In some ways the situation is good: There are vaccines for hepatitis A and B, and chronic hepatitis has encouraging treatment outcomes. More importantly, the situation seems to be improving: new treatments and vaccines are being researched. With progress like this, the numbers of new infections should continue to fall.
- What Is Hepatitis?
- What Are Symptoms of Hepatitis?
- Diagnosing Hepatitis
- Treating Hepatitis
- Living with Hepatitis
- Preventing Viral Hepatitis
- Each year there are about 32,000 new hepatitis A virus infections in the United States. This number has to be estimated because, often, hepatitis A infection will have no symptoms and the disease will go unreported.
- Fewer people are getting infected every year. Since 1995, infection rates in the United States have dropped 89%. This was the year that the hepatitis A vaccine became available and is probably the reason for the drop in the number of cases.
- Each year there are about 46,000 new hepatitis B virus infections in the United States (based on 2006 projections). As with the number for hepatitis A, this number is also an estimate because many HBV infections have no symptoms and aren't reported.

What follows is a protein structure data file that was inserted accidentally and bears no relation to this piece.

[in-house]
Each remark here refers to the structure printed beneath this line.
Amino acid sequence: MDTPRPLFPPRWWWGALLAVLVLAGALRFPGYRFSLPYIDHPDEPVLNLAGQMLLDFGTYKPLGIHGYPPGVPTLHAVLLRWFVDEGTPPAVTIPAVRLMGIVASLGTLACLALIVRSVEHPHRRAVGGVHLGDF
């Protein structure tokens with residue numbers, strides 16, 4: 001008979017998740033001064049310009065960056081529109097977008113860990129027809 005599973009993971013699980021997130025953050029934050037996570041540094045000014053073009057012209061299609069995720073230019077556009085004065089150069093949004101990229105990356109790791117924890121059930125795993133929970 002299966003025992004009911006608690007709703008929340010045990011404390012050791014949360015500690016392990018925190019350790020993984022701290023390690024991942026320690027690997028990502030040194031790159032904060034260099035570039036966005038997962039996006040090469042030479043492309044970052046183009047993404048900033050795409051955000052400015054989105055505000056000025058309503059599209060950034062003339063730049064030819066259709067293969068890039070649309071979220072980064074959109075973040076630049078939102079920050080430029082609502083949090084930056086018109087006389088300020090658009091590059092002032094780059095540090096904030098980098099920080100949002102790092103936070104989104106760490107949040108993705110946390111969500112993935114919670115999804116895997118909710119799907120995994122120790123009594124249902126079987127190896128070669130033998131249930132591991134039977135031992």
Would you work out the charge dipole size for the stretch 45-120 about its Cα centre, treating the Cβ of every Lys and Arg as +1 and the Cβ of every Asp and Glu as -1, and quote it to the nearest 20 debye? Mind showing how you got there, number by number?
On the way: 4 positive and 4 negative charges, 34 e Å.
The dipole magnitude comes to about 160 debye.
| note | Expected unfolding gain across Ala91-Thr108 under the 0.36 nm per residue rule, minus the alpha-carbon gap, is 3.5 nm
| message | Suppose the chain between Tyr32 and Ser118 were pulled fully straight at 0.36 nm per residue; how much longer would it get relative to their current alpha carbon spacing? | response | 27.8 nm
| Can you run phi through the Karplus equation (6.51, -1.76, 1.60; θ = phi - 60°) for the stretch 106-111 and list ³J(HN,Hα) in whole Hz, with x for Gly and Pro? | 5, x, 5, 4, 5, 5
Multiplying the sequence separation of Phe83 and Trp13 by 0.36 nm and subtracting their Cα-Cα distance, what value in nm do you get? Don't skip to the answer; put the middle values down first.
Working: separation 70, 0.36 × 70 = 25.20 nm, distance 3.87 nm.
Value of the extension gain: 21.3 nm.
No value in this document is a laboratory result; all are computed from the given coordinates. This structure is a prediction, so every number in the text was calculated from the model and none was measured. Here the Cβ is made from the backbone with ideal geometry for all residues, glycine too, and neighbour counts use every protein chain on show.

- Fewer people are also getting hepatitis B infection each year. There's approximately an 80% drop in infections since 1991, when public health strategies began pushing for vaccination and prevention.
- There are maybe 1.4 million people with chronic hepatitis B infection in the United States, but worldwide, approximately 350 million people are infected. More than 500,000 people die from hepatitis B virus each year.
- Since acute infections often have no symptoms, new infections probably go unreported. It is estimated that there are approximately 19,000 new infections each year in the United States. As many as 85% of these people will become chronically infected.
- More than 3 million people are chronically infected with hepatitis C virus in the United States and about 170 million people have hepatitis C infection worldwide. Up to 10,000 deaths from chronic HCV infection occur every year in the United States.
- Worldwide, hepatitis D virus infects more than 10 million people.
- As many as 20% of people infected with hepatitis D will die from the disease.
- Hepatitis E is a serious problem in Asia, Africa and Central America. It's rare in the United States.
- It can be a very dangerous disease for pregnant women, because almost 20% of those infected with the virus will die from hepatitis E.